This content is from: Innovation
Geopolitical Risks Amid a Global Pandemic
Jack Bouroudjian, for CME Group
AT A GLANCE
- Current tensions in the Indo-Pacific and Eastern Europe could impact commodity markets in 2022
- Geopolitical tensions in Europe and Asia are already beginning to exacerbate supply chain issues initially triggered by the pandemic
2022 is starting with several issues that could create serious volatility for traders in the months ahead. Aside from the supply chain problems and other economic disruptions caused by the pandemic, tensions triggered in the Indo-Pacific and Eastern Europe have added to growing uncertainty. The commodity markets are poised for potential price adjustments from the ancillary effects of these tensions.
The situation in the Indo-Pacific is a slowly developing story between China and Taiwan. With Taiwan one of the largest producers of semiconductors, any disruptions could produce shortages and serious supply chain issues for everyone using semiconductor chips. The Forex markets might also be a good proxy for these developing events. Moves in the yuan and yen could foretell possible problems.
The Ukrainian situation is a bit different in that there are two main markets which could be directly affected: grains and energy. Although Ukraine produces very little energy, 90 percent of pipelines going from Russia to continental Europe pass through Ukraine. According to BBC estimates, over 47 percent of the total energy imported by Western Europe comes directly from Russia via these pipelines. The markets have already begun to see the effects of measures taken by Moscow to control the flow of natural gas in the region, with costs now spiking in many European countries.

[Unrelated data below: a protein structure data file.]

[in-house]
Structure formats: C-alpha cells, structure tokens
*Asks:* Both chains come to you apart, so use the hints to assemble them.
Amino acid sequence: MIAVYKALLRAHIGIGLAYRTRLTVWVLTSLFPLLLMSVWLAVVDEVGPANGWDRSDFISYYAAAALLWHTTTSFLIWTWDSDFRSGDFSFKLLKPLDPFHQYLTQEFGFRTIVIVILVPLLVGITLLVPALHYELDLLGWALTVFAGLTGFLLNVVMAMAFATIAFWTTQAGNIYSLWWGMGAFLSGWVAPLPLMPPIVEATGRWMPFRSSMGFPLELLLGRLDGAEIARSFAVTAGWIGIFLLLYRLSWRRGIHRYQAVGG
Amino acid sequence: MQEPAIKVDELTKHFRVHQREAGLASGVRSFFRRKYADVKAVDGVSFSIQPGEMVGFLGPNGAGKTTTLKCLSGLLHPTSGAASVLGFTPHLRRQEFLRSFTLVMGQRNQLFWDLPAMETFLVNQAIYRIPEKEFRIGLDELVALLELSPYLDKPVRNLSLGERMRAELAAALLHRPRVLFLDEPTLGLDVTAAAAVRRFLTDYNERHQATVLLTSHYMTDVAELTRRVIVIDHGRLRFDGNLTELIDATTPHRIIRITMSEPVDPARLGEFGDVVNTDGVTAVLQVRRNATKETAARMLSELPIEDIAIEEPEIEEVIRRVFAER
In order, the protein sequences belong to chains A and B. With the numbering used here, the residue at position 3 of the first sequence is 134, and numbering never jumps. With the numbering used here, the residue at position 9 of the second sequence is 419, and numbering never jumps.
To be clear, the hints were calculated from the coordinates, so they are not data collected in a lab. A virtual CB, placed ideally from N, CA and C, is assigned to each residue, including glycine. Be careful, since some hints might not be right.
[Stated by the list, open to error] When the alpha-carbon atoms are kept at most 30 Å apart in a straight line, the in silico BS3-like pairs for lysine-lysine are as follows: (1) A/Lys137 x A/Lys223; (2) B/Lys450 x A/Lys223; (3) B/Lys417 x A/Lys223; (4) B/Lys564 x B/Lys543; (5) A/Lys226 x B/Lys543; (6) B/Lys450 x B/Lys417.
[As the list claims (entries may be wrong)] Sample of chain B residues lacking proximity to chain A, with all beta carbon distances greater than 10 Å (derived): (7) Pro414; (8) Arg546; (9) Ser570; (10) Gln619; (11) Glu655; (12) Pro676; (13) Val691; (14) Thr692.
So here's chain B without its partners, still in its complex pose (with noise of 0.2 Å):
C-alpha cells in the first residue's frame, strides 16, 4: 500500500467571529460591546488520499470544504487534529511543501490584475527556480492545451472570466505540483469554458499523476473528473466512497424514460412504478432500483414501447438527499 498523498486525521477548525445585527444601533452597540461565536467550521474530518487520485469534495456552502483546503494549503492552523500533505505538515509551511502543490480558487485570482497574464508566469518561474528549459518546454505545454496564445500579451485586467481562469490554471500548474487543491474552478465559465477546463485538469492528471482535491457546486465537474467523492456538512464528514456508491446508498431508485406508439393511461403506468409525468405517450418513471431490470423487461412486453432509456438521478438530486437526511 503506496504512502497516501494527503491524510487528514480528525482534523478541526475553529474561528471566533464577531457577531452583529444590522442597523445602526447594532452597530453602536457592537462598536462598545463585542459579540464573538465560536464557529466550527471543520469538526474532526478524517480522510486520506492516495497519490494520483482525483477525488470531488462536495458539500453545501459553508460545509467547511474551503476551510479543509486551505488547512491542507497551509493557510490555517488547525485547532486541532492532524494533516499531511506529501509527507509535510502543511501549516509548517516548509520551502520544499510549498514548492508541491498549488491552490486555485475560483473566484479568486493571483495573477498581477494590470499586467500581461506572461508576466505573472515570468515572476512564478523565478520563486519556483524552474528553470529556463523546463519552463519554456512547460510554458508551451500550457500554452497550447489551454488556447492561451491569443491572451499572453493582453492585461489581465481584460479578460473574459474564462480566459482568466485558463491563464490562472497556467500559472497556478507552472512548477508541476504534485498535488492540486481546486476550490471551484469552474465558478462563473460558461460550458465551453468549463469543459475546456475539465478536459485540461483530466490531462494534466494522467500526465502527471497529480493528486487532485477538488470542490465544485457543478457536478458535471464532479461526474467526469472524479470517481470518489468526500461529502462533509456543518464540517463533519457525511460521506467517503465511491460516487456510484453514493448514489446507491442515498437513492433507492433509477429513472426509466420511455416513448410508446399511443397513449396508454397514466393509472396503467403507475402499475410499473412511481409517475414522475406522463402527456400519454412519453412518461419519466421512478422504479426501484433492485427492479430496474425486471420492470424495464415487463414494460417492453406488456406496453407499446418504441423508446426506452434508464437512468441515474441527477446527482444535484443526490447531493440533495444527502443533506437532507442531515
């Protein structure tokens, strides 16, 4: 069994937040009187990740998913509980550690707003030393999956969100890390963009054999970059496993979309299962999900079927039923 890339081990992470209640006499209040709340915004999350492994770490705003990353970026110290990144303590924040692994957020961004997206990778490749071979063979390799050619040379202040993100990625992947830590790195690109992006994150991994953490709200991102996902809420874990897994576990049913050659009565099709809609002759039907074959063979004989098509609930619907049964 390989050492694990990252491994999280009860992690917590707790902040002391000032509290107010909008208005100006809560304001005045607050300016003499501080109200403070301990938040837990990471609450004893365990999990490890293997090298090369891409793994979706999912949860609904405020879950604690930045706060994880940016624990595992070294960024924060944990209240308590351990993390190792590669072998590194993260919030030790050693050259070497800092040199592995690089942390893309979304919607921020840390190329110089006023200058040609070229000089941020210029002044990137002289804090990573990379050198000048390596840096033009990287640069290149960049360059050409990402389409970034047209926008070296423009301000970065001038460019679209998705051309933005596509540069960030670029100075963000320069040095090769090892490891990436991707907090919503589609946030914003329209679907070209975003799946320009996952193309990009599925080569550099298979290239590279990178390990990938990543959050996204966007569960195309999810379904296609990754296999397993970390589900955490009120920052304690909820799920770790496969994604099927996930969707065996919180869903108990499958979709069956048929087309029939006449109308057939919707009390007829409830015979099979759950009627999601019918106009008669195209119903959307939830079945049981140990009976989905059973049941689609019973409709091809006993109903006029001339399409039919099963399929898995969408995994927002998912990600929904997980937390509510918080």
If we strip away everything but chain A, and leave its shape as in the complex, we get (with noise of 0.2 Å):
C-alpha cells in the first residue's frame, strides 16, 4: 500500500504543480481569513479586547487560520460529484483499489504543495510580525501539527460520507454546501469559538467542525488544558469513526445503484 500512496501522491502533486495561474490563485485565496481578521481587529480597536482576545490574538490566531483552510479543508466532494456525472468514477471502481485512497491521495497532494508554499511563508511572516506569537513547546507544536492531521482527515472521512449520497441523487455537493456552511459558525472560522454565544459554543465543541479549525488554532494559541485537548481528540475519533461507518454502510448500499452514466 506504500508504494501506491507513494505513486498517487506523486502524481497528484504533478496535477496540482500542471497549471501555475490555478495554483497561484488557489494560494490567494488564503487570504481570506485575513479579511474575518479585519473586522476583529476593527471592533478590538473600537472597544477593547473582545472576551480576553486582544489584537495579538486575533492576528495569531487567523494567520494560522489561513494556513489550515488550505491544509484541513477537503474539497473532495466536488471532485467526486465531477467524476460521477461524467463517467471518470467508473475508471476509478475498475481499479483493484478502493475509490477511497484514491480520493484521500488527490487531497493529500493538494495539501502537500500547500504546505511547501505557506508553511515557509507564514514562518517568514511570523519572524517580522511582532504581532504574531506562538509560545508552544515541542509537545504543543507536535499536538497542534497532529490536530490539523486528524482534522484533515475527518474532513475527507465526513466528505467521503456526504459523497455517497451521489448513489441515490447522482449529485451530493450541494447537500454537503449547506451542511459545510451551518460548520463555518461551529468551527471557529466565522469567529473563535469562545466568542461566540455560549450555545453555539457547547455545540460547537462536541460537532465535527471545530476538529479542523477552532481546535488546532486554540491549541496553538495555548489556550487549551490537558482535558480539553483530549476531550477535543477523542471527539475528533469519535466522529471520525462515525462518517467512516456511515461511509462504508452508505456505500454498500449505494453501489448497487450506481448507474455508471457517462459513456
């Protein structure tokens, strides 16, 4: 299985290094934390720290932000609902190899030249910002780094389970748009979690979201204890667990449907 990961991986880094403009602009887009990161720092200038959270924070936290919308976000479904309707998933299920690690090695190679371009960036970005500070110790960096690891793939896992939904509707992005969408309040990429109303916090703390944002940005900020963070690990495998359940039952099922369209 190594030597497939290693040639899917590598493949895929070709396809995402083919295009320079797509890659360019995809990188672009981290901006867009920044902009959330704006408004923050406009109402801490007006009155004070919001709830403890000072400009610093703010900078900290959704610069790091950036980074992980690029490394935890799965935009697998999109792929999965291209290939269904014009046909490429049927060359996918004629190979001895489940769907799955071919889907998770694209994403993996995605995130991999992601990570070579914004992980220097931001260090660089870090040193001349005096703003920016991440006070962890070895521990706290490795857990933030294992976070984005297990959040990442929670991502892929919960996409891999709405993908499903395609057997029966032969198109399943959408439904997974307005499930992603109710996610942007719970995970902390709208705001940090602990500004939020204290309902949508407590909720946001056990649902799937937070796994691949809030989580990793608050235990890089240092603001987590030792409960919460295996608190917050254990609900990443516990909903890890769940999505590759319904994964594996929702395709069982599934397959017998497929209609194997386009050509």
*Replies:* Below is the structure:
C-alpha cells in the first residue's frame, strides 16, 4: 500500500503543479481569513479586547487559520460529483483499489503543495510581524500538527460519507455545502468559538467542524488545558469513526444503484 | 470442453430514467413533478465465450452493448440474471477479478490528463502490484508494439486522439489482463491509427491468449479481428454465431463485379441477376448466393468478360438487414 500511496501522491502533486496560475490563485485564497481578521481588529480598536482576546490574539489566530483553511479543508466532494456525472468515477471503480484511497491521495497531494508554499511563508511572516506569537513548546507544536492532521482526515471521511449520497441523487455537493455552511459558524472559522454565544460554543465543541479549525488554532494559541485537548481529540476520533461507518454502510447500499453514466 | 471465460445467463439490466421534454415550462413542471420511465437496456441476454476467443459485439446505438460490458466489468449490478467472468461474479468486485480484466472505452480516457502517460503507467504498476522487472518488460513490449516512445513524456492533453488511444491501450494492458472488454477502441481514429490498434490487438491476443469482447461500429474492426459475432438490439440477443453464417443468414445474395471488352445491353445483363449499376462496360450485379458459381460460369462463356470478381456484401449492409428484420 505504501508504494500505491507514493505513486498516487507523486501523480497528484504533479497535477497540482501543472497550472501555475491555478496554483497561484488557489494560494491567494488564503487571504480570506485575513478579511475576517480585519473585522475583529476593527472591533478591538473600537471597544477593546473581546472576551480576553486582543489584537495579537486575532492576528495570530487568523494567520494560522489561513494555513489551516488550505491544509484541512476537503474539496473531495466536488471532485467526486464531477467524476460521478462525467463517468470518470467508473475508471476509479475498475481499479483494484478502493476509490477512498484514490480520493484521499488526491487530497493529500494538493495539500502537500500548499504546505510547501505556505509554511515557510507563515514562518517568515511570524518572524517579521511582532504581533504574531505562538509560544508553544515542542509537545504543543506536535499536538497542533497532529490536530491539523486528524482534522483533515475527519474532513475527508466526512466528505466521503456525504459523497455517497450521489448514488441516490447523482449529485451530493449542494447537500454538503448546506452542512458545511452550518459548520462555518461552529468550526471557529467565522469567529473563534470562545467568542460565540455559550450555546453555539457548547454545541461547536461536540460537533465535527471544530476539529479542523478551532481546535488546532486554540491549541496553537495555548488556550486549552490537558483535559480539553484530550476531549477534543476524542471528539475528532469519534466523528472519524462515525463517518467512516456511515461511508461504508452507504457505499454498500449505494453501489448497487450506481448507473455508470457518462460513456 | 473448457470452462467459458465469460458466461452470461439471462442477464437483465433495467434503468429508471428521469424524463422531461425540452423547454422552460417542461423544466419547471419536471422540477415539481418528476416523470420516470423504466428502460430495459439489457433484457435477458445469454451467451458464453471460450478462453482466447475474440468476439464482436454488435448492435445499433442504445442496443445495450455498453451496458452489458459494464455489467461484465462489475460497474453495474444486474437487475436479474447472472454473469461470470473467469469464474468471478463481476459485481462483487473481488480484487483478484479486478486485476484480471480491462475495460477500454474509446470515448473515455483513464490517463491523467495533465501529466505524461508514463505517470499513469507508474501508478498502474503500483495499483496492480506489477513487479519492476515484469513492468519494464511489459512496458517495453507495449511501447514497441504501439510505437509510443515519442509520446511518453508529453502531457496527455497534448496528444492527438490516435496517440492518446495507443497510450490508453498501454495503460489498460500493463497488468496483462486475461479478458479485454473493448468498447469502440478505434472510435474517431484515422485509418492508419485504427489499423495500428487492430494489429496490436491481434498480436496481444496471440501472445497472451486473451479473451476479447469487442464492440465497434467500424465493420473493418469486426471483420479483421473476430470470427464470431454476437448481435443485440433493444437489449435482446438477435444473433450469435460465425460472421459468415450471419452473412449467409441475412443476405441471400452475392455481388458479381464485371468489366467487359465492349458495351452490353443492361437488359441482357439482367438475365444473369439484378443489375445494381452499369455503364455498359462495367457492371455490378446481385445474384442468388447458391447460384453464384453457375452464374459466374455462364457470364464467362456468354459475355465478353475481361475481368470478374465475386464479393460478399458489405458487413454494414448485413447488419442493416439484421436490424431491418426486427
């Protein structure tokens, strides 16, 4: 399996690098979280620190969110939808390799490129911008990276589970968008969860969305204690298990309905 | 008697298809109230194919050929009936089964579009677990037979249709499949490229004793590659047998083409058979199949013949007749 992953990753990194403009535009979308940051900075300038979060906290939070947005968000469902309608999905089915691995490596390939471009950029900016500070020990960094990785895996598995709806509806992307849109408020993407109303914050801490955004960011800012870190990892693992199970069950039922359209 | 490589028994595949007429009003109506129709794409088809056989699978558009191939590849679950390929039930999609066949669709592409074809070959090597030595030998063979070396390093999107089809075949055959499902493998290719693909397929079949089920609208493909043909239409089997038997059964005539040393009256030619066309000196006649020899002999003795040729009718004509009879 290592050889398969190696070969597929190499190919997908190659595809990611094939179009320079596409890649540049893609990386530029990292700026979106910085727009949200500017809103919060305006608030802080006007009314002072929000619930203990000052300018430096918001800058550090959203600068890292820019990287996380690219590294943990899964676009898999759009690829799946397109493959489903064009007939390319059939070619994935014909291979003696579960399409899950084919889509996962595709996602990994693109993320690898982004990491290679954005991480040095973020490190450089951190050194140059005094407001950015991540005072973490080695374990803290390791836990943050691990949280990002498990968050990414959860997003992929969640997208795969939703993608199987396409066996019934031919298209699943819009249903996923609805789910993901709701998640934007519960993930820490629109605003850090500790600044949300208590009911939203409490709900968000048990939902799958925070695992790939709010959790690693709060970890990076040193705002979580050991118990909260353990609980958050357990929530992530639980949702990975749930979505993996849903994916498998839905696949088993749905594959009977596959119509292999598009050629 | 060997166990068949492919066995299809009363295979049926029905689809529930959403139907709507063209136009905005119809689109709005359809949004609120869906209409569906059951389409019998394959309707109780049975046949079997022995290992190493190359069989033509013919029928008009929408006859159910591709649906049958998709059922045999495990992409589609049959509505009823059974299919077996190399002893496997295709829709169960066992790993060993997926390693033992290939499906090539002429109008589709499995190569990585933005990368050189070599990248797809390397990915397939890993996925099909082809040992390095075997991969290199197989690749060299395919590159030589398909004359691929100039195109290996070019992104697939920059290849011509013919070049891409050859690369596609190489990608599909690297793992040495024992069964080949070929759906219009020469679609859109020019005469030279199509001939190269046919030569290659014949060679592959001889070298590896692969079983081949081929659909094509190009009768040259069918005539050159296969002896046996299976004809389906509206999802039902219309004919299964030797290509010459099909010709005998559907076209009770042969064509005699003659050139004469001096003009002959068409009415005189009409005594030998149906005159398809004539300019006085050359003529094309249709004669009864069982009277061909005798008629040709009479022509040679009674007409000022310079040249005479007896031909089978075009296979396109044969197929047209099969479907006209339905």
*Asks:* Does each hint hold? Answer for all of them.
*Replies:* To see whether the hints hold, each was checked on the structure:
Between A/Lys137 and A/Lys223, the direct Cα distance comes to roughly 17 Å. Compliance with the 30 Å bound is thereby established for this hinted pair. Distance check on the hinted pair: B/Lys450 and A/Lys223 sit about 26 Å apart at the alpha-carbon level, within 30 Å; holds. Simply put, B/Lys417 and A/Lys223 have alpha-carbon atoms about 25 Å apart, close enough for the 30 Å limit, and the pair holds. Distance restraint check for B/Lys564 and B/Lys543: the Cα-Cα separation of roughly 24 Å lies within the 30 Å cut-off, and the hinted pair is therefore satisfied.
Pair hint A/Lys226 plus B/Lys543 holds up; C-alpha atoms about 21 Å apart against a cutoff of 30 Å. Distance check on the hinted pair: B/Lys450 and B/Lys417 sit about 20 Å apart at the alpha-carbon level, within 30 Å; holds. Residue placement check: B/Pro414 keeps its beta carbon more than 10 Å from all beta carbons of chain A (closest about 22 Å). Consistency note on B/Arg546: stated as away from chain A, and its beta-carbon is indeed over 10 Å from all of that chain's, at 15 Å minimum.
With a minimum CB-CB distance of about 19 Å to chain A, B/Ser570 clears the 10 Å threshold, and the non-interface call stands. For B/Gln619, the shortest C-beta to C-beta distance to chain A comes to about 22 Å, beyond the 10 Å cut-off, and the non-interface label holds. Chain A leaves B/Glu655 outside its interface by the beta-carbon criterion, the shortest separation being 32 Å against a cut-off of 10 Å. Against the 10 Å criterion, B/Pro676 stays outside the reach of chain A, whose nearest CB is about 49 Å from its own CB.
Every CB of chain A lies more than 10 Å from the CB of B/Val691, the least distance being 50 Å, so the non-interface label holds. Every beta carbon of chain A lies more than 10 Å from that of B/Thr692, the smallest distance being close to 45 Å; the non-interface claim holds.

Source: Bloomberg Professional (CHRRDEP CNH and pre-2011 CNY)
The other main commodity produced in this region that could encounter supply chain disruptions is grains. Ukraine has always been known as the breadbasket of Europe. Aside from supplying the former Soviet Republics with a majority of their grain imports, at last estimates by the BBC, roughly 22 percent of grains imported by western Europe comes from Ukraine. Any conflict could disrupt the Ukraine exports and leave the Europeans looking toward the U.S. and South America for help.
Both the equity markets and fixed income markets usually react in a negative fashion when global tensions are heightened. Investors who are looking to protect themselves from the possible volatility caused by these geopolitical tensions can look toward traditional safe havens for capital preservation. While assets such as bitcoin have been thought of as an inflation hedge, the price action in crypto markets over the last couple years is more aligned with risk appetite than with safety. Over a period of centuries, gold has proven to be the market that investors look toward when worried about geopolitical problems.
2022 has already shown investors that it could be a pivotal year for all markets because of the ongoing pandemic and the geopolitical tensions we’re currently facing. Understanding which markets might be most affected could be the key to a profitable trading year.
Watch our full OpenMarkets Roundtable discussion on geopolitical risks above. Watch other episodes here.